This inauguration-themed notice for Sozodont, an oral hygiene product, appeared in an issue of The Strand Magazine in early 1897. The hook was the upcoming inauguration for William McKinley, who was sworn in on March 4, 1897.1 The copy states:
"With the incoming administration, eleven presidential terms will have witnessed the world-wide supremacy of Sozodont for the teeth and breath, the leading dentifrice of America, and the only one of international reputation."The cost of the product was 75 cents, which translates to a hefty $19.95 in 2011 figures, according to The Inflation Calculator. Phew!
If you couldn't make it to your druggist, there were no worries: "The postal and express authorities have just agreed to carry a complete package — liquid and powder — to any point in the U.S. and Canada."
But was this product, which had been around since the James Buchanan administration, any good? It appears not.
According to Wikipedia, Sozodont was launched in 1859 by New Jersey druggist Roswell van Buskirk. Its name came from the Greek sozo, meaning "to save", and dontia, meaning "teeth."2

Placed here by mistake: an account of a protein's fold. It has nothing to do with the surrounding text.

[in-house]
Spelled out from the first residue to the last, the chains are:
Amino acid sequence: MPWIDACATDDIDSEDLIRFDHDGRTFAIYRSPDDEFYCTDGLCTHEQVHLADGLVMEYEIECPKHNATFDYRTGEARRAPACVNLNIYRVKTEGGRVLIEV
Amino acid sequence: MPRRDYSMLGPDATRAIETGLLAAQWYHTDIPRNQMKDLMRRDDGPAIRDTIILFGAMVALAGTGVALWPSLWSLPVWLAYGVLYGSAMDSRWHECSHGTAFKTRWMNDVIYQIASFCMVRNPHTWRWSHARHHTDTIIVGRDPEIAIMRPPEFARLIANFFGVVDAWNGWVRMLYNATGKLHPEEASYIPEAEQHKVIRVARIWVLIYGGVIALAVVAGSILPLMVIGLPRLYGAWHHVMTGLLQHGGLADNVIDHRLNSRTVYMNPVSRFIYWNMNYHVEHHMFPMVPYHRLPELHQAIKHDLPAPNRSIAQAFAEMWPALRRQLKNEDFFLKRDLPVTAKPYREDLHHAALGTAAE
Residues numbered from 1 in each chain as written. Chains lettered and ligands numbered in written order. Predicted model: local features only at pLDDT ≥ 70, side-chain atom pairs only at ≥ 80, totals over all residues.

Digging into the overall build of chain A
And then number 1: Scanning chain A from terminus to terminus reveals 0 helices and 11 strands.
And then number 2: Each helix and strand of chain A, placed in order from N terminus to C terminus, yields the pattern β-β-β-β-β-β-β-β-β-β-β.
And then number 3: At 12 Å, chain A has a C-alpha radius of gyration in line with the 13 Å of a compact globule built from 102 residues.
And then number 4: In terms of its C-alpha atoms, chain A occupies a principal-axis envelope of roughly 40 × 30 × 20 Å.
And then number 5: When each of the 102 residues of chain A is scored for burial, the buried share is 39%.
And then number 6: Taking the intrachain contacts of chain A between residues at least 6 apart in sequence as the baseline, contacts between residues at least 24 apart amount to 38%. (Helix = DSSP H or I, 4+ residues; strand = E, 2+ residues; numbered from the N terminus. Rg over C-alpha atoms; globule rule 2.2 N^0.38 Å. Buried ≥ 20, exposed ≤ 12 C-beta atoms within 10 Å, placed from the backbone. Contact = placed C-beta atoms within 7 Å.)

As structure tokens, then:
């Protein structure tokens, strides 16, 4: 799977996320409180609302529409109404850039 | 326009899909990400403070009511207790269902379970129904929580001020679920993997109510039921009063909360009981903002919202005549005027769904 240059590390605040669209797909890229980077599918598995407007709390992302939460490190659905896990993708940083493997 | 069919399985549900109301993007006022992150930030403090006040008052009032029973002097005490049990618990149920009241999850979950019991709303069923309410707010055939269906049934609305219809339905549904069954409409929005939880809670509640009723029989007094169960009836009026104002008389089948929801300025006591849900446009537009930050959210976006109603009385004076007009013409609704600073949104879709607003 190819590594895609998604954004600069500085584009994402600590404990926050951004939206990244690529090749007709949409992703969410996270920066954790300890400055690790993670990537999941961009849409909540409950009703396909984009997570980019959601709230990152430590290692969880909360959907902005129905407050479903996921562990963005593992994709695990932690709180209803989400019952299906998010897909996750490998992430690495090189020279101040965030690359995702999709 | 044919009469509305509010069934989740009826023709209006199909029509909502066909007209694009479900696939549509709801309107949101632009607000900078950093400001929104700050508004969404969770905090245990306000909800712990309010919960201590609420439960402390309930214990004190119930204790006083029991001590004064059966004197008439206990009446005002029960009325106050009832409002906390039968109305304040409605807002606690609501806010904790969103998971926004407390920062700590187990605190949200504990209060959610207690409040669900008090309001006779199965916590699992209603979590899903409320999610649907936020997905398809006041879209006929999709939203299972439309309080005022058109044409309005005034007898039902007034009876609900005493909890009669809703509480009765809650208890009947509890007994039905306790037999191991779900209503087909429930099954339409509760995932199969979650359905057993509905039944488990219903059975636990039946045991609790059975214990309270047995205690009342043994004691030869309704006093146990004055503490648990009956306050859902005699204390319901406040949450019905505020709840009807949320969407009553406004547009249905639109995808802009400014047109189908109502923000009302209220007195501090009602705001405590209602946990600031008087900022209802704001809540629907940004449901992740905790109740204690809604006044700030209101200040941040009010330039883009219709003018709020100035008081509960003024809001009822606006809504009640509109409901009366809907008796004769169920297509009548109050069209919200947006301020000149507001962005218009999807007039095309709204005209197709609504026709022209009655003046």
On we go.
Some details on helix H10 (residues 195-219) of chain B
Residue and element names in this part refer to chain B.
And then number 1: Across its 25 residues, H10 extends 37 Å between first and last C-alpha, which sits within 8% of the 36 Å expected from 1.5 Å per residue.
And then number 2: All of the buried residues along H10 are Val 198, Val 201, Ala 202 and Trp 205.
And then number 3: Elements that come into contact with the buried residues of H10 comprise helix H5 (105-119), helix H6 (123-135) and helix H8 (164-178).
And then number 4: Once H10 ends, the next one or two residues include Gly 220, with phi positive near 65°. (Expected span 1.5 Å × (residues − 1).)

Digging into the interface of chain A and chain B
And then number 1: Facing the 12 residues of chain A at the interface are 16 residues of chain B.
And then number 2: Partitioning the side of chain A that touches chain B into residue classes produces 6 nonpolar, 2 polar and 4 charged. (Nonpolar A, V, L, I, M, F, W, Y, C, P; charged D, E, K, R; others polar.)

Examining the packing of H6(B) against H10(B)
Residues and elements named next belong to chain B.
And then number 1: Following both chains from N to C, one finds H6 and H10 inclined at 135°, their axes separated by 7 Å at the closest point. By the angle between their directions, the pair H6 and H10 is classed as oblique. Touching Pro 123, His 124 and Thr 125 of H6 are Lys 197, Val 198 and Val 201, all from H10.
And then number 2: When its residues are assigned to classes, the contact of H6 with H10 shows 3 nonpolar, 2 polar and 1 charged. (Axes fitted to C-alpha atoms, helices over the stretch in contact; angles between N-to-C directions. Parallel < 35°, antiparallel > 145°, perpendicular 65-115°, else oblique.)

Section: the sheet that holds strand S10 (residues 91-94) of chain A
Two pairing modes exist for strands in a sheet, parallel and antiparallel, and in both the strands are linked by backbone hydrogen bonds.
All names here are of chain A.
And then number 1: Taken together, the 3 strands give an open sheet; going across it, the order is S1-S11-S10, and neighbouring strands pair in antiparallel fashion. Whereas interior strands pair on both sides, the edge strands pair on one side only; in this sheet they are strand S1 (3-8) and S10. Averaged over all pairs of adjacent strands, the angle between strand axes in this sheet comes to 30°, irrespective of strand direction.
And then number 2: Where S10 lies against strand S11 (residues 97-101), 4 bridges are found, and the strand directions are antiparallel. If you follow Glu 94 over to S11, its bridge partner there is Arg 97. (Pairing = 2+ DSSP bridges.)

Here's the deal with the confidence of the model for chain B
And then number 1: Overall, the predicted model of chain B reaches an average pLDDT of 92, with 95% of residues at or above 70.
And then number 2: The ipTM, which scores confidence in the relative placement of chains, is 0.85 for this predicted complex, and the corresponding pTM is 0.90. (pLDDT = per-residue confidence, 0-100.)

orris root, carbonate of calcium, magnesia, castile soap, glycerin, water, alcohol, and, for flavoring, a little oil of peppermint, clover, cinnamon, and star anise.
Through heavy advertising, Sozodont, which was dispensed from glass bottles, become a household word.
But while it was claimed that the product strengthened teeth, hardened gums, freshened the mouth and stopped the buildup of tartar, it also did something else.
It turned teeth yellow.
Said one dentist in 1880: "I will testify to what is so well known to most dentists, viz., that it [Sozodont] destroys the color of the teeth, turning them to a decidedly dark-yellow."
Said another in 1900: "The liquid of Sozodont ... is far too alkaline for general use, and would in time destroy the enamel of the teeth and make them yellow."
And then you wouldn't look very presidential at all.
1. Presidential inaugurations were originally on March 4 — the day of the year on which the Constitution first took effect in 1789. But this was changed to noon on January 20 by the Twentieth Amendment in 1933.
2. Here are some other Papergreat posts about teeth:
- 1952 booklet: "What Your Family Should Know — ABOUT TEETH!"
- Postcard: Paul lost a tooth at Antoine's Restaurant